Less work for you often means more for somebody else. If you like that idea, then just allow what comes naturally. Encourage the Beneficials! This may be the most logical way yet of practicing IPM* (Integrated Pest Management).
Here it is in a nutshell:
Rather than simply killing all of what you may see as pests in your environment, what we refer to as "See & Spray," consider letting them go to work for you. By-passing the obvious strengths in nature that occur without any interference from us (because people often see themselves as the master of their own universe, right?), you may just end up making your job even harder in the long run by going ballistic. Why not work with Mother Nature? See what she has to offer you first. When using IPM you'll look at the environmental factors that affect a given pest and its ability to thrive, in essence working to eradicate the unwanted ones by letting their natural enemies have them for lunch. Looks to be a win-win situation. Perhaps you recall how Blog #1 began.. IF ants are around, they are already working for you...
Basically you find and implement the tools (the know how so to speak) to do what it takes to create the conditions that are unfavorable to these unwanted pests. Meanwhile, you encourage those willing to do the work for you. Rest assured--due to signals other insects or vegetation emit on their own, incidentally ones we cannot see or smell, (by way of pheromones) those with a vested interest (the beneficials) will show up if their particular service is needed.
Here is a cool story you may enjoy. I once lived in a community that insisted their white pine trees needed to be sprayed (with a very bad actor, no less namely Lindane) because of an infestation of pine beetles. Nothing could have been further from the truth. After much discussion and yours truly not wanting to resort to being ill for them just wanting to spray like always, I then consulted an IPM specialist and an Arborist. It is a good thing I was so stubborn, because having waited taught me it's often best to go with your gut instinct, and here is why: We learned that these trees were at the end of their life cycle, albeit early (about 12 years). These trees were selected by the community builder for being really fast growing and very cheap to plant, but not ideal for the location they were placed in. This poor planning in an effort to save money in the beginning obviously backfired when the trees could have remained healthy at a much higher elevation for 3-4 times as long. It is referred to as White Pine Decline. Now they were faced with a dilemma to not only paying to have the trees removed, but also the added cost of replacing them far ahead of their time. The normal signals (pheromones) the trees put out as they passed the time of survival merely told the beetles (the beneficials) that it was time for them to benefit from the decay the tree was entering into. In a way, the beetles put the trees that are dying out of their misery. Natures Way of telling them something's wrong. Nothing could have saved these trees, so the chemical intervention would have been a waste of money, create an unnecessary chemical exposure and risk, plus contaminate the environment, not to mention prolong the agony of the trees themselves. I find that rather sad. Hence, in this case the "See & Spray" concept would have been a knee jerk response, and one many would regret.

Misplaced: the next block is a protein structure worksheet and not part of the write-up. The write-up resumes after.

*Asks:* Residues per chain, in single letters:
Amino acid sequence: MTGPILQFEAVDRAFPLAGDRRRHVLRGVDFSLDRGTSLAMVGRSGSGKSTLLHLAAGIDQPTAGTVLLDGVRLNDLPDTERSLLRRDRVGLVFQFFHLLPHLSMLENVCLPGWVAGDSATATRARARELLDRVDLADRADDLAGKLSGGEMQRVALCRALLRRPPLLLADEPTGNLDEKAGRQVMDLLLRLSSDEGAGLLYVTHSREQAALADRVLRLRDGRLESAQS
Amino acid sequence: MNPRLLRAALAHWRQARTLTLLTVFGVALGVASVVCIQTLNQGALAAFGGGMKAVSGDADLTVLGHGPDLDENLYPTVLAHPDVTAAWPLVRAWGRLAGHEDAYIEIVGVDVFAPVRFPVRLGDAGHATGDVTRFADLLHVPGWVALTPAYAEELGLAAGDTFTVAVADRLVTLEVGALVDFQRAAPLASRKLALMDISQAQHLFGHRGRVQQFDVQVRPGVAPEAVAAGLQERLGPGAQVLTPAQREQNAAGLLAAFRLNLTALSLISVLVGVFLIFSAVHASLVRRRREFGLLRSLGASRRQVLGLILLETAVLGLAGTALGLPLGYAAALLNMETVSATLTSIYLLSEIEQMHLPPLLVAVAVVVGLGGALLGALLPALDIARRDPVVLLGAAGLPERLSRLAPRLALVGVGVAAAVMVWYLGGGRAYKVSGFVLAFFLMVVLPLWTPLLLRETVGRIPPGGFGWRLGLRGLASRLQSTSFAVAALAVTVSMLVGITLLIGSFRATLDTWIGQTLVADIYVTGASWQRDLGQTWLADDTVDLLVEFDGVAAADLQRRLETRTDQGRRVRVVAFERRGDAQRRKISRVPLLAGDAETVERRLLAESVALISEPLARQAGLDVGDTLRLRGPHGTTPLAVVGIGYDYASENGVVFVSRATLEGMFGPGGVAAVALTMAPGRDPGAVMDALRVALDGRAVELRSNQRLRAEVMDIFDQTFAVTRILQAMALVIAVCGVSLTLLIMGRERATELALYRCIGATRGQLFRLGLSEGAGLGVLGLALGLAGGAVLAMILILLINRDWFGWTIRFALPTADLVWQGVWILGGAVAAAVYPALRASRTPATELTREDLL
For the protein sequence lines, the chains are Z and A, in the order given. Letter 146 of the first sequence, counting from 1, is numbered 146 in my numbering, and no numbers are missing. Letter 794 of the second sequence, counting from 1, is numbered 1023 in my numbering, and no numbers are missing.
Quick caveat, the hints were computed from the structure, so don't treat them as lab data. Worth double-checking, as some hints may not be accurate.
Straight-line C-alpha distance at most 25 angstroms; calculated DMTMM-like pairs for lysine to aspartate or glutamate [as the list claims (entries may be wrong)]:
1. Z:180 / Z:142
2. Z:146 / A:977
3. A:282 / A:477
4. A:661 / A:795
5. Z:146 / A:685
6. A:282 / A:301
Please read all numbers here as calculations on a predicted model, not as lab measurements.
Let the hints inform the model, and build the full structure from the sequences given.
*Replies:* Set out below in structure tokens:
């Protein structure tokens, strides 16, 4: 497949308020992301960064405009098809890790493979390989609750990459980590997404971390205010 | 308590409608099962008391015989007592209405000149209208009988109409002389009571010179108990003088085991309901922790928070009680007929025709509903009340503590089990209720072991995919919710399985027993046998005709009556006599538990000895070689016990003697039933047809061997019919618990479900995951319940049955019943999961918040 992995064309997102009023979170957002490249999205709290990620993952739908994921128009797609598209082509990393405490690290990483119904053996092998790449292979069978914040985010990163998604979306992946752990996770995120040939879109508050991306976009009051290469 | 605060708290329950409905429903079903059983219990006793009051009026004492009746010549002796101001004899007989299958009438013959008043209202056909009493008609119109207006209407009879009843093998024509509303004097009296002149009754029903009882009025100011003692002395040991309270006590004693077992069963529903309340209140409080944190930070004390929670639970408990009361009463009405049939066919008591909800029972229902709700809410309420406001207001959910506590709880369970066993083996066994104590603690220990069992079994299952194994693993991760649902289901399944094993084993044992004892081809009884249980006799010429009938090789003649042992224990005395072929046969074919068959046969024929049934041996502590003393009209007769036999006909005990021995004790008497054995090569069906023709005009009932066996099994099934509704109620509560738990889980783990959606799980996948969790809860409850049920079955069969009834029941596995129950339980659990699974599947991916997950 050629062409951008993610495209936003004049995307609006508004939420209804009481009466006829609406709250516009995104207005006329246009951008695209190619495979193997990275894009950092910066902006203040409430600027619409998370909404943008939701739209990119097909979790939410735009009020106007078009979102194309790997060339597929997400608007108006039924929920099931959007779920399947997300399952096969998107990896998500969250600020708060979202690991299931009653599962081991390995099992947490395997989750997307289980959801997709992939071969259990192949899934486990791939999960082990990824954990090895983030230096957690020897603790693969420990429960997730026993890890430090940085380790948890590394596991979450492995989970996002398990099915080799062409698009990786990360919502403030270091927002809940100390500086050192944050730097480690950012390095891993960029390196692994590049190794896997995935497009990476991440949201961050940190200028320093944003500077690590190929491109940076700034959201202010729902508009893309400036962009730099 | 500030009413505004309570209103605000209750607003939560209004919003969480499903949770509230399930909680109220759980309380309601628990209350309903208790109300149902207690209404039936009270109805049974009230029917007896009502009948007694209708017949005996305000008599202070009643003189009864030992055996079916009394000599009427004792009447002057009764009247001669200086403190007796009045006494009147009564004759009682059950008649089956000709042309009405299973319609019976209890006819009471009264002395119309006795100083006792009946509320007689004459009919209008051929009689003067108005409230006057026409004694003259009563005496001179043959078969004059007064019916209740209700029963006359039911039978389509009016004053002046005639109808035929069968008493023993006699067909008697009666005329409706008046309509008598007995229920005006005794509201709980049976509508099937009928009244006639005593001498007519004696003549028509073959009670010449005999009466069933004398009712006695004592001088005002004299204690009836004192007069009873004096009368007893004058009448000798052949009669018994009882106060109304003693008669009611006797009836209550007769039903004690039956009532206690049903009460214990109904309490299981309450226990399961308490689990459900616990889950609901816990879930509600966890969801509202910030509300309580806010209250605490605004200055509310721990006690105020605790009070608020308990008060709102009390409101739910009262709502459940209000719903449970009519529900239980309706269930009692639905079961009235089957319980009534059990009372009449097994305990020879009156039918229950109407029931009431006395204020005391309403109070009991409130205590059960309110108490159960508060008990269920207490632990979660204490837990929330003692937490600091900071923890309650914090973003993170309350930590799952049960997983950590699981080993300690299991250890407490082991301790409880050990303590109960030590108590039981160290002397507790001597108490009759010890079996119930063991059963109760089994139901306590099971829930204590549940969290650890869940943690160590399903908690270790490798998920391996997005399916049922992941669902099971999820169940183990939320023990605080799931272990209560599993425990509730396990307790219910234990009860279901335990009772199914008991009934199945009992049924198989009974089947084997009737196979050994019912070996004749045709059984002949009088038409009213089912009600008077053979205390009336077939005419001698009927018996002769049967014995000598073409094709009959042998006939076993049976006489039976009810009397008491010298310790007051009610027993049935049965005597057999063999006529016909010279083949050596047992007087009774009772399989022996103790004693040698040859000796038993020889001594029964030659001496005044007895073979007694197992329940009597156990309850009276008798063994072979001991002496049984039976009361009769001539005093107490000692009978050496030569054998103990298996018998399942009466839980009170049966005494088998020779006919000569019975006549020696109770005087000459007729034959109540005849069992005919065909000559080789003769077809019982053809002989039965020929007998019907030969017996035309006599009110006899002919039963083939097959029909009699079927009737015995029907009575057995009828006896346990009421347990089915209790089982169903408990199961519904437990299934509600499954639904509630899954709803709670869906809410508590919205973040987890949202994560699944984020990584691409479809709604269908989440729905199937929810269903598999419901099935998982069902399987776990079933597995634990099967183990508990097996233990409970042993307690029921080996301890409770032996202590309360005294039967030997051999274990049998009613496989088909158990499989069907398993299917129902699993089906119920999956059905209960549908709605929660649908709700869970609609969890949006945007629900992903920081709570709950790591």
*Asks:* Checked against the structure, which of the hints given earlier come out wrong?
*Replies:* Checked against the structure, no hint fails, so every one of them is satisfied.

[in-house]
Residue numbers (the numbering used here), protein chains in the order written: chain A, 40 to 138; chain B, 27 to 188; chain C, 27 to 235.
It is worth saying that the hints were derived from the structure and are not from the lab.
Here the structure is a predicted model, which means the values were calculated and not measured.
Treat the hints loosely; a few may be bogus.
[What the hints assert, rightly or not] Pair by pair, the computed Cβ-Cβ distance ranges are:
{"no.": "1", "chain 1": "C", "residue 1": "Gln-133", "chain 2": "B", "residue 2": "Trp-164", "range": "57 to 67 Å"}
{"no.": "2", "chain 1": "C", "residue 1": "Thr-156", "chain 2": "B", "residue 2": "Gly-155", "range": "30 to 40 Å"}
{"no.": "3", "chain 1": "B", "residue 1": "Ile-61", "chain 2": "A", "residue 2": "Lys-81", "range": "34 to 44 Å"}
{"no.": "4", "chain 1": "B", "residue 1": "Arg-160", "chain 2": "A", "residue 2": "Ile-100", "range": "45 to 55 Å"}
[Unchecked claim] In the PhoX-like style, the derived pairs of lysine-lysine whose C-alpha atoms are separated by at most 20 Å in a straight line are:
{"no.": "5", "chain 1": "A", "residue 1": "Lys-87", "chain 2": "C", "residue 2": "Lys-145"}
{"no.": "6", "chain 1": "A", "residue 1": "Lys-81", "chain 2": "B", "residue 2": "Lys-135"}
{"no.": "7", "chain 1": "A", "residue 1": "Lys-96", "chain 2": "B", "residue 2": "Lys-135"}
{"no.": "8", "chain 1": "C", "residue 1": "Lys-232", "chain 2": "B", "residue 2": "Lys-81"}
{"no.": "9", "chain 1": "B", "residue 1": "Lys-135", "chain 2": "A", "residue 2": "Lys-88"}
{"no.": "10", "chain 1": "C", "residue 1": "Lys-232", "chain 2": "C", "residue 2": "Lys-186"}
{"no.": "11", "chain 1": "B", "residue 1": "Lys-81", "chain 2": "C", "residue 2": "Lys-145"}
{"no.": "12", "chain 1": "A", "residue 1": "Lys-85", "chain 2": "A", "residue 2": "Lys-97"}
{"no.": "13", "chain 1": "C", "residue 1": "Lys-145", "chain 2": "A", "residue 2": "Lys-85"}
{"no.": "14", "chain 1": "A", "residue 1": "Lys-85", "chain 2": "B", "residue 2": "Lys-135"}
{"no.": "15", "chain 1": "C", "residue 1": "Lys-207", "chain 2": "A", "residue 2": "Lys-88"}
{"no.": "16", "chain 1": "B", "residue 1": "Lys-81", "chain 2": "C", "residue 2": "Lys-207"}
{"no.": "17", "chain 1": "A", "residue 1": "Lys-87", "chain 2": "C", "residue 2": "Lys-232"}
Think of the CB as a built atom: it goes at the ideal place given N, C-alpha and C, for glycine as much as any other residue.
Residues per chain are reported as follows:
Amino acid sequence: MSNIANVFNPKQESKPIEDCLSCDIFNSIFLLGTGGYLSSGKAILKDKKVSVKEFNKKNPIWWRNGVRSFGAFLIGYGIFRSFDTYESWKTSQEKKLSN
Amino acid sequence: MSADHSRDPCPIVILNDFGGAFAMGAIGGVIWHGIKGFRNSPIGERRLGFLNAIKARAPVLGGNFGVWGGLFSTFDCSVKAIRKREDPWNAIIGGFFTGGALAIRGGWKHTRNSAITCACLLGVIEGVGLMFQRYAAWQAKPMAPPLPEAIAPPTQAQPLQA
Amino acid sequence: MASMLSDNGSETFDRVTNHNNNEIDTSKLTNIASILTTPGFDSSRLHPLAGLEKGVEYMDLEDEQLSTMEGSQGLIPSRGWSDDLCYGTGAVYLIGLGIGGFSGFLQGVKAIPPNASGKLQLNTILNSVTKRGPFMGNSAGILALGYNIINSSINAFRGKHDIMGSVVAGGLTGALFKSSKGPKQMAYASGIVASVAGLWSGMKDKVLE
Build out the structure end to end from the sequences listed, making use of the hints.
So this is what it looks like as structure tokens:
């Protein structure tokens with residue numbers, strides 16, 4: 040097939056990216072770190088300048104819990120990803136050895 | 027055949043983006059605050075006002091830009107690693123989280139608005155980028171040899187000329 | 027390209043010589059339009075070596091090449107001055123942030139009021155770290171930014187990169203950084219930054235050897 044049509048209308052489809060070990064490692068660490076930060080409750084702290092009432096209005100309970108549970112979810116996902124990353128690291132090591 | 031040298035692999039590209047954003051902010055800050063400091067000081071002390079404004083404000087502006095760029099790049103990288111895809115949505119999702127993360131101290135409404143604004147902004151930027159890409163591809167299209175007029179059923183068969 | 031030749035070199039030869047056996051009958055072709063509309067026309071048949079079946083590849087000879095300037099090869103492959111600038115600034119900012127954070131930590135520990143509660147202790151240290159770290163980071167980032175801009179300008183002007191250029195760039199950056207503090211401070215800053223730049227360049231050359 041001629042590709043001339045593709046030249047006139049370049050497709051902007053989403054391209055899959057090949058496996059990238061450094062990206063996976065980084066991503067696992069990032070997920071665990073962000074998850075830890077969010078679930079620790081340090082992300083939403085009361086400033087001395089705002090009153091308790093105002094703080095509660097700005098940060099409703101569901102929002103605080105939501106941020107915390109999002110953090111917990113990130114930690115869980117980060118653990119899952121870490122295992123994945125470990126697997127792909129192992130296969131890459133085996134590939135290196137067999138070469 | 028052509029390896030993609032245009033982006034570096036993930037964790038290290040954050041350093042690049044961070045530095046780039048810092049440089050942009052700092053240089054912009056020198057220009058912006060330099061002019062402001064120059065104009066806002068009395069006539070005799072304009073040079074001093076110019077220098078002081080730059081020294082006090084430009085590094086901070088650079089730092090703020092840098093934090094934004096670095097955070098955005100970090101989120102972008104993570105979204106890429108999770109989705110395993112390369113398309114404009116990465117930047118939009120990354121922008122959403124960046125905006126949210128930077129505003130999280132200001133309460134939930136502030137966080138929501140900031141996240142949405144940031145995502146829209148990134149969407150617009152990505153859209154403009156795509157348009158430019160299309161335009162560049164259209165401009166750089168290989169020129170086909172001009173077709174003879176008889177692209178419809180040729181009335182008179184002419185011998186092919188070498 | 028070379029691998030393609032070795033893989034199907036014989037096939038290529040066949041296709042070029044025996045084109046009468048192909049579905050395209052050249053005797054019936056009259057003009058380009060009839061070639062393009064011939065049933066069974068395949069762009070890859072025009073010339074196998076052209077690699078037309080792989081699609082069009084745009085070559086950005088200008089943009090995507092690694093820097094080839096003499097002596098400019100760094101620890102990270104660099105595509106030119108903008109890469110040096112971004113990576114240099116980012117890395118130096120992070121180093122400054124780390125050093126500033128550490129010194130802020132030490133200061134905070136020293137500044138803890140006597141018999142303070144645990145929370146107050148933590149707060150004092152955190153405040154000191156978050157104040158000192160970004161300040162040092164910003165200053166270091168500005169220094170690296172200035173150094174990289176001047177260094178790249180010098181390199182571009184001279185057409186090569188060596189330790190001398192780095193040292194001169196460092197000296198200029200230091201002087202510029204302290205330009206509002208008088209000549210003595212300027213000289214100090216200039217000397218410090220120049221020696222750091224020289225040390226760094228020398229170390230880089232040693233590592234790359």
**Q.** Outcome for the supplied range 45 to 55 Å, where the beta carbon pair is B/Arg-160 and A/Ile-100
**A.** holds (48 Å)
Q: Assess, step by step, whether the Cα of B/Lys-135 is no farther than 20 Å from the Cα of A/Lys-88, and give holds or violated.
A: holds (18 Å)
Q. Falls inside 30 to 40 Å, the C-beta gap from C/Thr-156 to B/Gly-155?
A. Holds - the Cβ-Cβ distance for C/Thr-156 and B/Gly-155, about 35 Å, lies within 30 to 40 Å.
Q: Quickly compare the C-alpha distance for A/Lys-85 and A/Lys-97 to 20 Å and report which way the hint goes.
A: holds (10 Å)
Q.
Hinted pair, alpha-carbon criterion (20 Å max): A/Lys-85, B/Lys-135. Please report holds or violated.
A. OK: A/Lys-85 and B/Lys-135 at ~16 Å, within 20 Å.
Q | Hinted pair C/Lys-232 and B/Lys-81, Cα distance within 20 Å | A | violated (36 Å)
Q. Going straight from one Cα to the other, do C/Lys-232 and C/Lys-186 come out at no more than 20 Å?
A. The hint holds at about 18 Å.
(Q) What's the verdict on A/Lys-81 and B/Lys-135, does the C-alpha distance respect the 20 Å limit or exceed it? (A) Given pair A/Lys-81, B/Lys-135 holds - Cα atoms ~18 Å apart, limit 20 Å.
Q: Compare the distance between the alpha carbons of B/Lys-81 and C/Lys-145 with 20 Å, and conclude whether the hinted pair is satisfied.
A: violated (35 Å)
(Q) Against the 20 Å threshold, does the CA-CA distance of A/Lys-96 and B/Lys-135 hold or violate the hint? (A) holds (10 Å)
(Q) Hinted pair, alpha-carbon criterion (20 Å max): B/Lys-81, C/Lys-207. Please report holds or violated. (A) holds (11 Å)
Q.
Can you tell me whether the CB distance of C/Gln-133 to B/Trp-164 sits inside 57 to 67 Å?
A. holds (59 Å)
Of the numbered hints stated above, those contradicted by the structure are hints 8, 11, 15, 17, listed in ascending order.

(Note: What follows is meant to be an introduction only, not a comprehensive listing).
So, let's meet some of the BENEFICIALS!
Bats: (take on a number of foes, even the dreaded mosquito)
Build your own bat house:
In case you did not know this, bats sometimes carry rabies, but so do squirrels. Possum and other neighborhood dwellers do as well, like foxes so please do not automatically freak out about bats. We keep bat houses and we don't have any negative issues with them around. Others we know do too without adverse incidents. Technically an exposure risk from Hanta virus (or Leptospirosis) is likely more a risk to you and yours from squirrels and burrowers (like moles, voles and gophers) than your risk of contracting rabies from bats. We will go into more detail on this in a different Blog. For now, try not to worry so much. That you make yourself aware of such things puts you well ahead of the game already.
Birds: (eats bugs and larvae, disperses seeds and often considered the natural cleaning crew)